The Universiti Kebangsaan Malaysia (UKM) is one of the higher education institutions providing opportunities for their students to be exposed to the real work situations. Various courses and programs have been taught in the university as to improve students’ skills and knowledge and applying during their works or during their industrial training. However, the requirements and expectations of the industry are constantly changing as the Malaysia’s economics and industries keep changing. Therefore, it is an obligation to the university to assess the ability of their students, whether they meet the demands of the industry, and what criteria and skills that the industry needs from UKM graduate students. For that reason, the feedback from the employers regarding the selection of students to join their organization is very important to assist the university in preparing and providing a better service in the future.

In an effort to improve and enhance the quality of service of School of Mathematical Sciences (PPSM), Faculty of Science and Technology, UKM, in preparing graduates who are skilled and competent to the industry, the survey was conducted to get feedbacks from employers to assess the effectiveness of the courses offered and the skills acquired by PPSM students. Thus, with the approach of Quality Function Deployment (QFD) analysis, the absolute weights for technical requirement (outcomes of the program) based on the development of house of quality from the employer’s perspective were studied and investigated for identifying the program learning outcomes (HPP) and program outcomes (OP) which need to be emphasized or improvement in meeting current industry needs. This allows the PPSM, FST, and UKM to improve the existing programs so that graduates are more competitive and more marketable, thereby reducing the number of graduates who are unemployed.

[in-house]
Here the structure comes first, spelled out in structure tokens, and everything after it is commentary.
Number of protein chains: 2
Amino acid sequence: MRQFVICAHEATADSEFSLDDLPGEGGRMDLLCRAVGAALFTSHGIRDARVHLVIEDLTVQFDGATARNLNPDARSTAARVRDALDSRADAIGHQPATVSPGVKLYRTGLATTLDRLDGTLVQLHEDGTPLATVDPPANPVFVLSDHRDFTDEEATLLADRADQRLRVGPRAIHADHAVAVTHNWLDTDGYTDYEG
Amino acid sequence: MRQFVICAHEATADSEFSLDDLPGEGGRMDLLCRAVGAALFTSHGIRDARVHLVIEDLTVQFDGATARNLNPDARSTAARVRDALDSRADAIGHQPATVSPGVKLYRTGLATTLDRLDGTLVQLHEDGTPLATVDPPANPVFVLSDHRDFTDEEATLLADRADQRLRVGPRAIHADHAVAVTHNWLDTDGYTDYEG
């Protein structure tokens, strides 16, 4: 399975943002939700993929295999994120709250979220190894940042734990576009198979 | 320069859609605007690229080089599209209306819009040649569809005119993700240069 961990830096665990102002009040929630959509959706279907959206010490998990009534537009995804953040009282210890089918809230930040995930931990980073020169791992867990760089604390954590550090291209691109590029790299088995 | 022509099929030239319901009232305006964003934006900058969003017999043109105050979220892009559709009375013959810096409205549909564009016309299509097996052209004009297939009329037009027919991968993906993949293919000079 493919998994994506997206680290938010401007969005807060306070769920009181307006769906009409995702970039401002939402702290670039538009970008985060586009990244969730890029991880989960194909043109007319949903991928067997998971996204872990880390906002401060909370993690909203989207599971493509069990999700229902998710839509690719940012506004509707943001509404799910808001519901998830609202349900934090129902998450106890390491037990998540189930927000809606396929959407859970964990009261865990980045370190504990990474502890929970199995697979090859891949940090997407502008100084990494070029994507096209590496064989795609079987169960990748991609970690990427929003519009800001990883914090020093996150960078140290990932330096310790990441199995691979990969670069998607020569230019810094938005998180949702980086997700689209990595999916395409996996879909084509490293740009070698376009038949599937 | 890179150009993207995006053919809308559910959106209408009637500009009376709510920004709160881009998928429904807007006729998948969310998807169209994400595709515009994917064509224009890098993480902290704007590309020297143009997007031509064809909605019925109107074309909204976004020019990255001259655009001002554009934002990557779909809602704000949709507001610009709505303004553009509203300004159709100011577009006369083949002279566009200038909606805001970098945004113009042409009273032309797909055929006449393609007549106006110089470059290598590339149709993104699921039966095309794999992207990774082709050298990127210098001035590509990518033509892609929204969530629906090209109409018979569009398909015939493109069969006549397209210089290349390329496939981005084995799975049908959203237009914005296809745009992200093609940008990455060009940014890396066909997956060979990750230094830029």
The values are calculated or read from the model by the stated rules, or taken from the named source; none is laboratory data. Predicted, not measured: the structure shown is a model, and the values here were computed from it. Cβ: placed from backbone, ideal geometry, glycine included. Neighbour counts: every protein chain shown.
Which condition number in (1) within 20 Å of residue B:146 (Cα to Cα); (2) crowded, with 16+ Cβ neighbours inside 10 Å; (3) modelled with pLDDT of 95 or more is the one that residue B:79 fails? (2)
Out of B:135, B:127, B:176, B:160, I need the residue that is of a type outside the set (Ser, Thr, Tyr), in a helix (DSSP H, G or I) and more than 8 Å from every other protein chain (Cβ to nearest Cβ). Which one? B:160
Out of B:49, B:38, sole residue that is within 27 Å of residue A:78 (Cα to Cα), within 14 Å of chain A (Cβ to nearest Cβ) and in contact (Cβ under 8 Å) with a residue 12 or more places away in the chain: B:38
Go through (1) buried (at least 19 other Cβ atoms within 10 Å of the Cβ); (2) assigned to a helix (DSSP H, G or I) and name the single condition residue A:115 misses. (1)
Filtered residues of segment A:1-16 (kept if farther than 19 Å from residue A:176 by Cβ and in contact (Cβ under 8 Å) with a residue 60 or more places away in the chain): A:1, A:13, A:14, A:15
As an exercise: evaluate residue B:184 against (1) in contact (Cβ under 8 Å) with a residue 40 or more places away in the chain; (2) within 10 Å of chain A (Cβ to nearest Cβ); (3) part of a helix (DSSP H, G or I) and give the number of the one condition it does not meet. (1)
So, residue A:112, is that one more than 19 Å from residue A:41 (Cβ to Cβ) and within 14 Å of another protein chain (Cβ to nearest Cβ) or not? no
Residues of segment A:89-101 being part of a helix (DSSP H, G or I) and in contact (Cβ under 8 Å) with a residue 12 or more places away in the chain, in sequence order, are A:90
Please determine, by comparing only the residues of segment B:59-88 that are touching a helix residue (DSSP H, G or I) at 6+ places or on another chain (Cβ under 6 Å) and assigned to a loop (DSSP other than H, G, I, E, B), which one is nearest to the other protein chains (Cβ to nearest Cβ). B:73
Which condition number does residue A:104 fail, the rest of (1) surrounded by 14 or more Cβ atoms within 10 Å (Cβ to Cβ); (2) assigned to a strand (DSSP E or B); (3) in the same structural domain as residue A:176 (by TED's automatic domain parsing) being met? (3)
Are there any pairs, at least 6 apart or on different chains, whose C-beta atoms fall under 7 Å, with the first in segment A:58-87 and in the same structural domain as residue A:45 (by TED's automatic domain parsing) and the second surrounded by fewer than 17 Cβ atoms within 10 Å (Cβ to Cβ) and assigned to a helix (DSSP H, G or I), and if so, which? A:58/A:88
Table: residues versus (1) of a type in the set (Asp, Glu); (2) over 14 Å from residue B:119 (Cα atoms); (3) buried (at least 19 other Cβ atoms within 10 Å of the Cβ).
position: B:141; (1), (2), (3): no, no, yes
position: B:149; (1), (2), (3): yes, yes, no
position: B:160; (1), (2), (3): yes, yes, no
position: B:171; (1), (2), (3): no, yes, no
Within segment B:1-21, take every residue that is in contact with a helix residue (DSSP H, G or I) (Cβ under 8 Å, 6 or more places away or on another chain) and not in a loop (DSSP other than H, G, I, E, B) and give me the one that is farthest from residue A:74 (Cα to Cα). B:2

For the final year students of PPSM, FST of session 2010/2011, the industrial training program is a compulsory since it was stopped and was not compulsory to the students on last 1995 session. Therefore, the feedback from the industries and the students is needed and important as to find out the effect of the IT on the students. The most important is to find out the marketability of the PPSM students to be hired by the industries after the IT program. There were various studies on the industrial training that have been done in some higher institutions, namely, by Goi and Lau [2], Ng et al. [3], Abdul-Karim [4], Shahrir et al. [5], Omar et al. [6], Lai et al. [7], and Awang [8].

Human capital that has been equipped with skills such as communication skills, ability to work in teams, ability to think creatively, and ability to make decisions and has both good leadership skills and academic excellence will be more competitive in the industry. According to Madar et al. [9], the ability of employees to handle highly skilled tasks will benefit the company by improving the quality of production and becoming more competitive in local and international markets. Moreover, Rasul et al. [10] found that employers are more in favour of employees with basic, critical thinking, resource, and interpersonal skills as well as being knowledgeable in systems and technologies and qualified personnel in improving the marketability in the industry. Therefore, this study was conducted by using the Quality Function Deployment (QFD) approach to determine the selection criteria of industrial training students at the agencies and, thus, giving a first-hand overview to the university in dealing with the demand from the industry in future.